When people dial 911, perhaps the last thing they think about is how much the ambulance ride will cost.
But a report released Tuesday by U.S. PIRG Education Trust shows ambulance companies routinely bill out-of-network charges. This happens when an insurance plan’s network doesn’t include the public or private ambulance company.
Even after an insurer pays a portion of charges, about half of consumers are billed more. These extra charges add up to about $129 million each year, according to U.S. PIRG.
Congress passed a law creating an arbitration process as of January 2022 to protect consumers from surprise bills during emergencies or when an out-of-network doctor provides care at an in-network hospital. The federal law, called the No Surprises Act, also protects consumers from costly air ambulance bills — but it doesn’t address more common ground ambulance transports.
“This was the big gap in the No Surprises Act and it should be closed,” said Patricia Kelmar, senior director of health care campaigns at U.S. PIRG Education Fund. “Three million insured people every year are going in an ambulance for an emergency, and half of those folks are exposed to a surprise bill.”
What to know about surprise ambulance billing
- Ground ambulances were excluded from the No Surprises Act in part because of the complex regulatory nature and large number of stakeholders. Ambulance companies are usually regulated by states and local municipalities.
- About 51% of emergency ambulance rides included out-of-network charges that potentially exposed patients to surprise bills, according to Kaiser Family Foundation.
- The median cost for a surprise ambulance bill was $450, a 2020 study found, but rates vary by state and region. The median surprise bill in Massachusetts and Minnesota exceeded $1,000 while California had the most expensive average bills at more than $1,200.
- Fire departments or other local government entities provided nearly two-thirds of ambulance rides in 2020 while private ambulance companies handled 30% of rides, according to Kaiser Family Foundation.
Do states protect consumers from ambulance bills?
Ten states have laws to limit ambulances from billing patients beyond what their insurance companies pay, but those restrictions apply only to state-regulated health insurance plans and protections vary. For example: Maryland’s protections apply only to publicly-owned ambulances and Colorado’s prohibits private ambulances from such balance billing, according to the report.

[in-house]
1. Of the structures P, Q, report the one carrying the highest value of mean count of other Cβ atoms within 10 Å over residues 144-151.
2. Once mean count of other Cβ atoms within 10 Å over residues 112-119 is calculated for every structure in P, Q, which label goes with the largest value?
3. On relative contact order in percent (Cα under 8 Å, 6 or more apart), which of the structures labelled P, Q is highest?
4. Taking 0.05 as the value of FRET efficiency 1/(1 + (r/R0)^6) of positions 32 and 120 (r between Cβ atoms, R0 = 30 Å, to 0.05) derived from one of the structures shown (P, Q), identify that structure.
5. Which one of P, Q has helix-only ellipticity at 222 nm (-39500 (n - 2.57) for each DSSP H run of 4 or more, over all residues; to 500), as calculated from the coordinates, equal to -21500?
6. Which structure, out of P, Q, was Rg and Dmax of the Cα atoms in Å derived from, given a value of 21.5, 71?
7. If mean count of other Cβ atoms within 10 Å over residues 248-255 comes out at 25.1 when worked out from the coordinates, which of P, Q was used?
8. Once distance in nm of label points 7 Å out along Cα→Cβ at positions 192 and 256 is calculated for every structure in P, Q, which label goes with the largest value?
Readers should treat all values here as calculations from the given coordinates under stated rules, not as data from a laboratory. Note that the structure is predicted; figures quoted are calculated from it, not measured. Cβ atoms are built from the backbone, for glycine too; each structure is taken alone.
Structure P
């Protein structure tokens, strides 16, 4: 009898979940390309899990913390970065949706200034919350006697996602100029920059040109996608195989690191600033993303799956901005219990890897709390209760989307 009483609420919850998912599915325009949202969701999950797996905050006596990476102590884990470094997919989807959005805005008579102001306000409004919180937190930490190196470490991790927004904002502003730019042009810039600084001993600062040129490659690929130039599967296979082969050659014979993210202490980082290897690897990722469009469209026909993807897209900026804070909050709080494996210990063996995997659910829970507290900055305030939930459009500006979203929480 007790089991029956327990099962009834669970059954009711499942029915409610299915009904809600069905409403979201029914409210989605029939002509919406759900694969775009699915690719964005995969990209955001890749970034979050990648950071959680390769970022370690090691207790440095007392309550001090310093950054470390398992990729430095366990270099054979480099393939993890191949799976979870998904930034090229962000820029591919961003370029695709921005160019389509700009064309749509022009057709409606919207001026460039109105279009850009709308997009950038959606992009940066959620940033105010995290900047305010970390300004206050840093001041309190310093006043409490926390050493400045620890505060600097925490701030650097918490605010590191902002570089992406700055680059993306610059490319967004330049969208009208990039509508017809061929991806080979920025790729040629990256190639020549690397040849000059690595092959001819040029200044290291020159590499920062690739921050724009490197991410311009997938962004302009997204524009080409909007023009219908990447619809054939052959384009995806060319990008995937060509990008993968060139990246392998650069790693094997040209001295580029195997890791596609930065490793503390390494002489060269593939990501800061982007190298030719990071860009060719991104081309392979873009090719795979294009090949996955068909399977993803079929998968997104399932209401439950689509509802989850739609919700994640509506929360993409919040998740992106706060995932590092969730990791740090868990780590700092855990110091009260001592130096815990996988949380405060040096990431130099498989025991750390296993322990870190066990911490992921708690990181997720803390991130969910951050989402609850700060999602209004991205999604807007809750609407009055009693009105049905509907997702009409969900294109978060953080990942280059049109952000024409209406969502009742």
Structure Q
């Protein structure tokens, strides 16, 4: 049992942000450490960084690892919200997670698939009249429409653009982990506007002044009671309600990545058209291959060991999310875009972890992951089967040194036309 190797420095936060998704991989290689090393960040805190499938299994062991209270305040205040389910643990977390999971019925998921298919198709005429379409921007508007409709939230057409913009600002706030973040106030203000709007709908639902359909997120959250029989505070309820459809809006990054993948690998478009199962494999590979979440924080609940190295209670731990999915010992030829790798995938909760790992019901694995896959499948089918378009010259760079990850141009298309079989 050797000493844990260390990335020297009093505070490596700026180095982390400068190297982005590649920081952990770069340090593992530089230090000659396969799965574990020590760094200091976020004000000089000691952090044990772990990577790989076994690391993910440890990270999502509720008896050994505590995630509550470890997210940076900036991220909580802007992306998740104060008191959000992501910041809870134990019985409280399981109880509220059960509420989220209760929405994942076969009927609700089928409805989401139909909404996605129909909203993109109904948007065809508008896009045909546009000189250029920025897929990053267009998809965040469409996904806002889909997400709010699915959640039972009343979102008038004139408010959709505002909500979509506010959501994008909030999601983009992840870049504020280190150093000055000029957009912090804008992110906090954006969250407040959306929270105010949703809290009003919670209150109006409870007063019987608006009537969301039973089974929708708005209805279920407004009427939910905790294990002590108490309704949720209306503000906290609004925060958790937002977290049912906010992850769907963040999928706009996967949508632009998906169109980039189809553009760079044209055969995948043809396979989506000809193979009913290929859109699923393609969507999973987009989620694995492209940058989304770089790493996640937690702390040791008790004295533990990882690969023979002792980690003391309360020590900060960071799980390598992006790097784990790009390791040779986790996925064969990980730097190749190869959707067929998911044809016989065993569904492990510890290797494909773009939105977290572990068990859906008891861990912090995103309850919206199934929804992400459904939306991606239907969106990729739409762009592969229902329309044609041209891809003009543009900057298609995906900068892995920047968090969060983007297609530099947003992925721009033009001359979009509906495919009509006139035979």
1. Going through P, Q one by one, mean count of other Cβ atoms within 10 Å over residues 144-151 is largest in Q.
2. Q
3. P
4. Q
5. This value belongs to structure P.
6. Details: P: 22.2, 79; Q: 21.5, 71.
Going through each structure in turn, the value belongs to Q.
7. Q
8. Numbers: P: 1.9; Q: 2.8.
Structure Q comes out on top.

The states with protections:
- New York
- West Virginia
A major loophole: State bans don’t apply to most employer-provided health insurance plans, which are regulated under a Department of Labor law called the Employee Retirement Income Security Act.
“That’s why we really do need a federal law to make sure that all insured patients have protection from surprise bills,” Kelmar said.
How is the federal government addressing ambulance billing?
A federal advisory committee created by the No Surprises Act is set to meet in January for the first time. It then has 180 days to make detailed recommendations on fee disclosures and strategies to protect consumers from surprise buildings.
U.S. PIRG recommends Congress amend the No Surprises Act to protect consumers from surprise ambulance bills. The federal law has prevented as many 9 million surprise medical bills through September, according to an analysis by Blue Cross Blue Shield Association and America’s Health Insurance Plans, a health insurance industry group.
Why consumers need protection
Because people have no chance to compare prices or seek a better deal during an emergency, consumer advocates say it’s unfair to stick patients with surprise bills.
“When you call 911, you don’t know what ambulance is going to come,” said Eileen Appelbaum, Co-Director of the Center for Economic and Policy Research, a progressive think tank.
Ken Alltucker is on Twitter at @kalltucker, or can be emailed at firstname.lastname@example.org.
Story Credit: usatoday.com